After the Penguins acquired defenseman Justin Schultz from Edmonton at the trade deadline on Feb. 27, 2016, the team hosted Arizona on Feb. 29 and then flew to Washington to play the Capitals the next day. Schultz said that after the game, Crosby came up to him and made sure he had a ride to the airport since it was his first road trip with the team.

"You hear stories about how nice he is and everything, but he has a lot of responsibilities and obviously a lot of attention," Schultz said. "He's a superstar. So for him to do that and go out of his way for new guys and guys coming in when they're a little nervous, it's huge for them and I know it helped me."

Crosby said that during his rookie year, he watched and learned from the veteran players around him - starting with Mario Lemieux, of course, but also guys like Ryan Malone and current Pens assistant coach Mark Recchi.

"Early on, with the group that we had, there was a good chunk of young guys and newer players and all the veteran guys always treated us really well," he said before adding with a smile, "Obviously they had fun and chirped us, but they were always there to help us out, too."

As the face of the NHL and face of the Penguins, Crosby has always taken his responsibilities seriously. So much so that he waited until the end of his second season in the league to accept the captaincy, saying he understood there would be a lot more responsibility on his shoulders - but that he felt ready for it and felt comfortable with it.

It's been over 10 years since then, and for Recchi, it's been a pleasure watching Crosby really embrace this aspect of wearing the 'C.'

"He's always kind of had that, but obviously you evolve as you get older and you grow into that even more," Recchi said. "He's our leader on and off the ice. His work ethic is incredible and he really takes pride in making guys feel comfortable, making guys feel part of it."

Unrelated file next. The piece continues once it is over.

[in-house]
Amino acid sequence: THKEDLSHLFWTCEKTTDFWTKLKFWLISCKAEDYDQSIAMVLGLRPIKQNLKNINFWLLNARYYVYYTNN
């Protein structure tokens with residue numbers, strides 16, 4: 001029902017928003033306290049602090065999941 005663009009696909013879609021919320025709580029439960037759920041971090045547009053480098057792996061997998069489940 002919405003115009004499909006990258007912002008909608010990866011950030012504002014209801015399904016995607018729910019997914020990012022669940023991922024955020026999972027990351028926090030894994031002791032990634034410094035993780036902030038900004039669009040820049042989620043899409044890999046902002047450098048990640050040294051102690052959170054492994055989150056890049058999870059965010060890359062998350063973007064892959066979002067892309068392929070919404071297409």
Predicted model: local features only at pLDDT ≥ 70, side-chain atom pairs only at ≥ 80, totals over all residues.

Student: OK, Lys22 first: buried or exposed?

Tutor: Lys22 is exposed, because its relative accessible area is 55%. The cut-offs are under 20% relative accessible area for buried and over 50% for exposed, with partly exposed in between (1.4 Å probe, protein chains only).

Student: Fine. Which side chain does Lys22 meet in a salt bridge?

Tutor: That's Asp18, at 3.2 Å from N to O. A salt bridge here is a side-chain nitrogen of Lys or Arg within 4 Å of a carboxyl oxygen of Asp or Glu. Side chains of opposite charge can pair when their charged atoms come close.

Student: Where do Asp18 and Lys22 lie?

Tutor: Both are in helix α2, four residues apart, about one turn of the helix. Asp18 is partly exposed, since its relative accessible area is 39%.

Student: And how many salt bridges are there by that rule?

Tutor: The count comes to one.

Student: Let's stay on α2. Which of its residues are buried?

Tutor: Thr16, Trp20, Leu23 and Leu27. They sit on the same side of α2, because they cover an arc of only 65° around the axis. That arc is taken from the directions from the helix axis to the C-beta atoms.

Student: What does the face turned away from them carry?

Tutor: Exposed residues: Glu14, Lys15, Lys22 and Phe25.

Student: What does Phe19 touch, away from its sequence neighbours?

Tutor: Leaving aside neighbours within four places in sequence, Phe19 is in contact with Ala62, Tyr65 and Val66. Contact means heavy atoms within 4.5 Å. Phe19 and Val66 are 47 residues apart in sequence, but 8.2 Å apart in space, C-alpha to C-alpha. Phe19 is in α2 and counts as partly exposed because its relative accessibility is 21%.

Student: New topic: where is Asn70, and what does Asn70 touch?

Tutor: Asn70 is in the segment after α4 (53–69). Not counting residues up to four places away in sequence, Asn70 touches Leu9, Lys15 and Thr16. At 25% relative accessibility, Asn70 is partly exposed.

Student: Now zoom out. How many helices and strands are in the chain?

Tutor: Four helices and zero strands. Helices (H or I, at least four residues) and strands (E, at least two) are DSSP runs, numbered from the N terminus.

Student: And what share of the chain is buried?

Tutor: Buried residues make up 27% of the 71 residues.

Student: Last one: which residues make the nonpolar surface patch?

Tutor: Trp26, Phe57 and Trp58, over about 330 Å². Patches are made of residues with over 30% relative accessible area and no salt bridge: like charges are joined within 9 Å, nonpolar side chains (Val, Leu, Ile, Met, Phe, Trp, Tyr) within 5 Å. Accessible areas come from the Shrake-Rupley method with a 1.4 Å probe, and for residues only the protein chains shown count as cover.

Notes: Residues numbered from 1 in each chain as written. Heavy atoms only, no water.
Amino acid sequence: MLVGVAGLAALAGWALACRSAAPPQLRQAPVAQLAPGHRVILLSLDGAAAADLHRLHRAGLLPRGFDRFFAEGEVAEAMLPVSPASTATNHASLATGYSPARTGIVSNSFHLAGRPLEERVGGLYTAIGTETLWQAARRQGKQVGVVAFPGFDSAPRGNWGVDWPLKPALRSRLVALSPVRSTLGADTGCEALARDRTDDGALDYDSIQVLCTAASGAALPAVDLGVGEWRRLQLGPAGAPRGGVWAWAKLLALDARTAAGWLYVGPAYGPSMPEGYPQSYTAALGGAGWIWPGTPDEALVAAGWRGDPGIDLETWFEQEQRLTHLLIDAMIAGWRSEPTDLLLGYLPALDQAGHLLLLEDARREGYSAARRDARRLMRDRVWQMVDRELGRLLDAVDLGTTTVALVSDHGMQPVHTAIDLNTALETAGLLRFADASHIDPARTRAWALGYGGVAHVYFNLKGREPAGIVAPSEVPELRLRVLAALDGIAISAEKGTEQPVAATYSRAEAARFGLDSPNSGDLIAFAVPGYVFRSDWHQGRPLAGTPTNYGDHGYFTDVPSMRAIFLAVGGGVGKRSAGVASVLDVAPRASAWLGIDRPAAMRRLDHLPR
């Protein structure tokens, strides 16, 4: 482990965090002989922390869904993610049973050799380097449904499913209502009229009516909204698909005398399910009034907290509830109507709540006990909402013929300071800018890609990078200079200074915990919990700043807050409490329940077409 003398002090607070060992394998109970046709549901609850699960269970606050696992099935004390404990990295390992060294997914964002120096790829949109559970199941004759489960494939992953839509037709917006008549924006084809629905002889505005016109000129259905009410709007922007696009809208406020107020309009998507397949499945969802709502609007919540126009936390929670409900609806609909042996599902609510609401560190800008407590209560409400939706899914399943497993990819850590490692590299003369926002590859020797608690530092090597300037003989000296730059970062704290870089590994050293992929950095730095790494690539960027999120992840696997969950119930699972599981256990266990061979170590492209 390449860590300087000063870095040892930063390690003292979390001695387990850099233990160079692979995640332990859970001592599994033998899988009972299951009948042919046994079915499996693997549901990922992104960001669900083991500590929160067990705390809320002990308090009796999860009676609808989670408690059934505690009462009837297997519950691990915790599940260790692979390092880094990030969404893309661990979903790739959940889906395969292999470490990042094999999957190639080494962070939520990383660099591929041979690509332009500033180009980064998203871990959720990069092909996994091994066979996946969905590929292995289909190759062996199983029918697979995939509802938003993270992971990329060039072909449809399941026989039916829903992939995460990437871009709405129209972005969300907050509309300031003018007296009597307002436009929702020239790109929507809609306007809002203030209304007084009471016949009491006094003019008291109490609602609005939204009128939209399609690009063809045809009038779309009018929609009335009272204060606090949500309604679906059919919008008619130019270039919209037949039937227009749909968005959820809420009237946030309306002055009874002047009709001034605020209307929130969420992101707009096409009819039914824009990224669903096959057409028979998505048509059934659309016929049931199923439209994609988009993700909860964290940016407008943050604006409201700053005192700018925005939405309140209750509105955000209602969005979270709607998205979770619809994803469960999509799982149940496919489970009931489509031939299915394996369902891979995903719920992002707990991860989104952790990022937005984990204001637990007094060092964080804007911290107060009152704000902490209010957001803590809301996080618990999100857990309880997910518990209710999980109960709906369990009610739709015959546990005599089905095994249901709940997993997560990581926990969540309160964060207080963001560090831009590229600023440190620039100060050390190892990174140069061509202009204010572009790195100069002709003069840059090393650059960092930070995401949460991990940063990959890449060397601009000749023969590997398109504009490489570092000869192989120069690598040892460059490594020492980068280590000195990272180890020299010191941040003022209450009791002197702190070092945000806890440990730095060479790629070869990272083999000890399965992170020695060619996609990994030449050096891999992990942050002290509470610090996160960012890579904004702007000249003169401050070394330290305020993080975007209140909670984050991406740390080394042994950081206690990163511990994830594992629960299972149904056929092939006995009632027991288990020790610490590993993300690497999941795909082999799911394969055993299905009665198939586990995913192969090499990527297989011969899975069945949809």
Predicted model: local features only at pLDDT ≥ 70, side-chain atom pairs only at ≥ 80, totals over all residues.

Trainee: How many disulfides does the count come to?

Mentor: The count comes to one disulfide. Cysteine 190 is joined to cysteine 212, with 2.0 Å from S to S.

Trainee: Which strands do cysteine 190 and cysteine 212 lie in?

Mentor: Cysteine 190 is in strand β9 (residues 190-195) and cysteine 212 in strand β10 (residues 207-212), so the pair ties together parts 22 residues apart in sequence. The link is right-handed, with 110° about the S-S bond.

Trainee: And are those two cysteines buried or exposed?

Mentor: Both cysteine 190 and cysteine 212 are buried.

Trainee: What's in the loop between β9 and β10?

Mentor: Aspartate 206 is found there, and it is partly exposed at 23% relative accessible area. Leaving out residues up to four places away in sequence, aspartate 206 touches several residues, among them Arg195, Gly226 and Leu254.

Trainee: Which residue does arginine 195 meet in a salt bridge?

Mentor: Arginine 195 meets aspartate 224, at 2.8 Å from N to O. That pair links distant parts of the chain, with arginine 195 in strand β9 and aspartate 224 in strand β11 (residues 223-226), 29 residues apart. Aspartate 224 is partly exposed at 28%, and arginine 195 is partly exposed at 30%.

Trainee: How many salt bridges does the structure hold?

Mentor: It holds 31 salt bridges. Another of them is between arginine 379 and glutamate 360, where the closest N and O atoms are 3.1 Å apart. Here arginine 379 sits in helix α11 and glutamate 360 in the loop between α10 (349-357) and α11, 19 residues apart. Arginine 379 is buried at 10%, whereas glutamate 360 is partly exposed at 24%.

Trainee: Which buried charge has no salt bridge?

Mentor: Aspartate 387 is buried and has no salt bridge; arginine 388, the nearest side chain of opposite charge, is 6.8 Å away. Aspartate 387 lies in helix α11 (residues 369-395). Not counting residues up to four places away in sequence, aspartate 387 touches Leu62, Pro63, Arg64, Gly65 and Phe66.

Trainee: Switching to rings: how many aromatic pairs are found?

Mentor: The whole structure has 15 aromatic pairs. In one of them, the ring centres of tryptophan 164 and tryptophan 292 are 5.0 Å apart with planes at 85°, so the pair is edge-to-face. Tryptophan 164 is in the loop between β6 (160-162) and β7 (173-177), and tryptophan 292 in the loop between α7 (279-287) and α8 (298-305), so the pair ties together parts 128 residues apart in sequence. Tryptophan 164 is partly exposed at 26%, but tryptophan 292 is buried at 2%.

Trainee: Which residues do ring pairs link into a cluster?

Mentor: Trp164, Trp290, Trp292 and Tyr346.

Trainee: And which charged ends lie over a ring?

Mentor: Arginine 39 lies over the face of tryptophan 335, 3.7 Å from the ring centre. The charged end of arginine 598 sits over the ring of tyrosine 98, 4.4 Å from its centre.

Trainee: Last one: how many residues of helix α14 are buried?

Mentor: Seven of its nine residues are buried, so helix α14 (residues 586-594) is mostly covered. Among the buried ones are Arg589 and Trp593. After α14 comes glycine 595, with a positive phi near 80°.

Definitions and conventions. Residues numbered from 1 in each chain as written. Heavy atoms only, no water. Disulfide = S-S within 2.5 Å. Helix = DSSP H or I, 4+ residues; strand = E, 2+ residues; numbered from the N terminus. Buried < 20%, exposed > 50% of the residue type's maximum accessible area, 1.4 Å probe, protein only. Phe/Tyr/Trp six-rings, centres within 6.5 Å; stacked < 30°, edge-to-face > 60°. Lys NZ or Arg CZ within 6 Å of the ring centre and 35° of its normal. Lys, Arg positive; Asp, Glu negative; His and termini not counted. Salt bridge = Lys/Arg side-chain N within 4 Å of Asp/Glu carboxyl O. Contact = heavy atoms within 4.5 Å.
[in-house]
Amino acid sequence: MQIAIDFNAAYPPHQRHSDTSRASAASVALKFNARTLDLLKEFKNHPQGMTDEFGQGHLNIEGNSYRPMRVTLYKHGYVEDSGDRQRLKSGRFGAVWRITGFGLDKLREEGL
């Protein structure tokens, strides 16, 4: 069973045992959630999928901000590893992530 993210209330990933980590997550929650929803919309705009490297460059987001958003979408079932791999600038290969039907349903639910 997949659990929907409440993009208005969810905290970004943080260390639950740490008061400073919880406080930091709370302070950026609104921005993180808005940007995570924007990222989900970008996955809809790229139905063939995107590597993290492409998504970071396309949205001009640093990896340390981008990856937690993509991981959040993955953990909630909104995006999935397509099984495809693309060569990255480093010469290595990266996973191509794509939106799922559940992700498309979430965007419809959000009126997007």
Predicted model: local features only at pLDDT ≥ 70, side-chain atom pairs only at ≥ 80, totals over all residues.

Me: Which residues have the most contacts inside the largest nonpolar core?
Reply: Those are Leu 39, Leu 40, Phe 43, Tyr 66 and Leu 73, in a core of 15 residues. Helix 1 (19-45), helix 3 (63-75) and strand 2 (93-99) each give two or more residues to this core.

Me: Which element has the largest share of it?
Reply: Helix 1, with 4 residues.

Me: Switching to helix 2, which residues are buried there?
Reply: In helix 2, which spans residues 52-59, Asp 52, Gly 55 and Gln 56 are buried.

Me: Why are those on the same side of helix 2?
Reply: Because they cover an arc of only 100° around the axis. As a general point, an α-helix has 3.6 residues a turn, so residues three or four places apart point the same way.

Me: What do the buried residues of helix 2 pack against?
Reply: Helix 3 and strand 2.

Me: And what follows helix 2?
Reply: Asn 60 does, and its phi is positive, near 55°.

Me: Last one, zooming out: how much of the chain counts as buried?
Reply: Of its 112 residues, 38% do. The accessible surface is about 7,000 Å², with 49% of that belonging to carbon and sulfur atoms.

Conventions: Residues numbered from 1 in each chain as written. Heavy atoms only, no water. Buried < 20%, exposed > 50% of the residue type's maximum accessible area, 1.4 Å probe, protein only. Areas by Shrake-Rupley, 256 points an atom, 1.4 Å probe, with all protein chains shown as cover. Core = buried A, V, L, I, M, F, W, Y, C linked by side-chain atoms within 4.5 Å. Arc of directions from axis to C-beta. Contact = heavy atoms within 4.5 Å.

As Dumoulin put it, with everything that Crosby has accomplished, "he could be an arrogant (jerk) that keeps to himself." Instead, Dumoulin called him "the nicest, most friendly guy who is so well-grounded that he can talk to anyone about any situation."

"He's good at reading people and knows when people need a pick-me-up or when he needs to give them a hard time," Dumoulin said. "Whether you're down or you've had a bad game or anything like that, he comes over to pick you up and makes sure he's there for you, and lets you know that. He just makes you feel like family."

But it's not always Crosby approaching his teammates. Sometimes it's his teammates approaching Crosby for any advice or guidance.

"You just reach out to him and you just say hey, I might need this day or I might need this. And he's more than willing to help out," Dumoulin said. "He's in almost every one of our lives. He's aware of certain situations, if you're going through a rough time at home or with family. He's right there to pick you up and lift your spirits and give you a laugh. It's just the little things that he does to put a smile on your face day in and day out. 

"It goes a long way."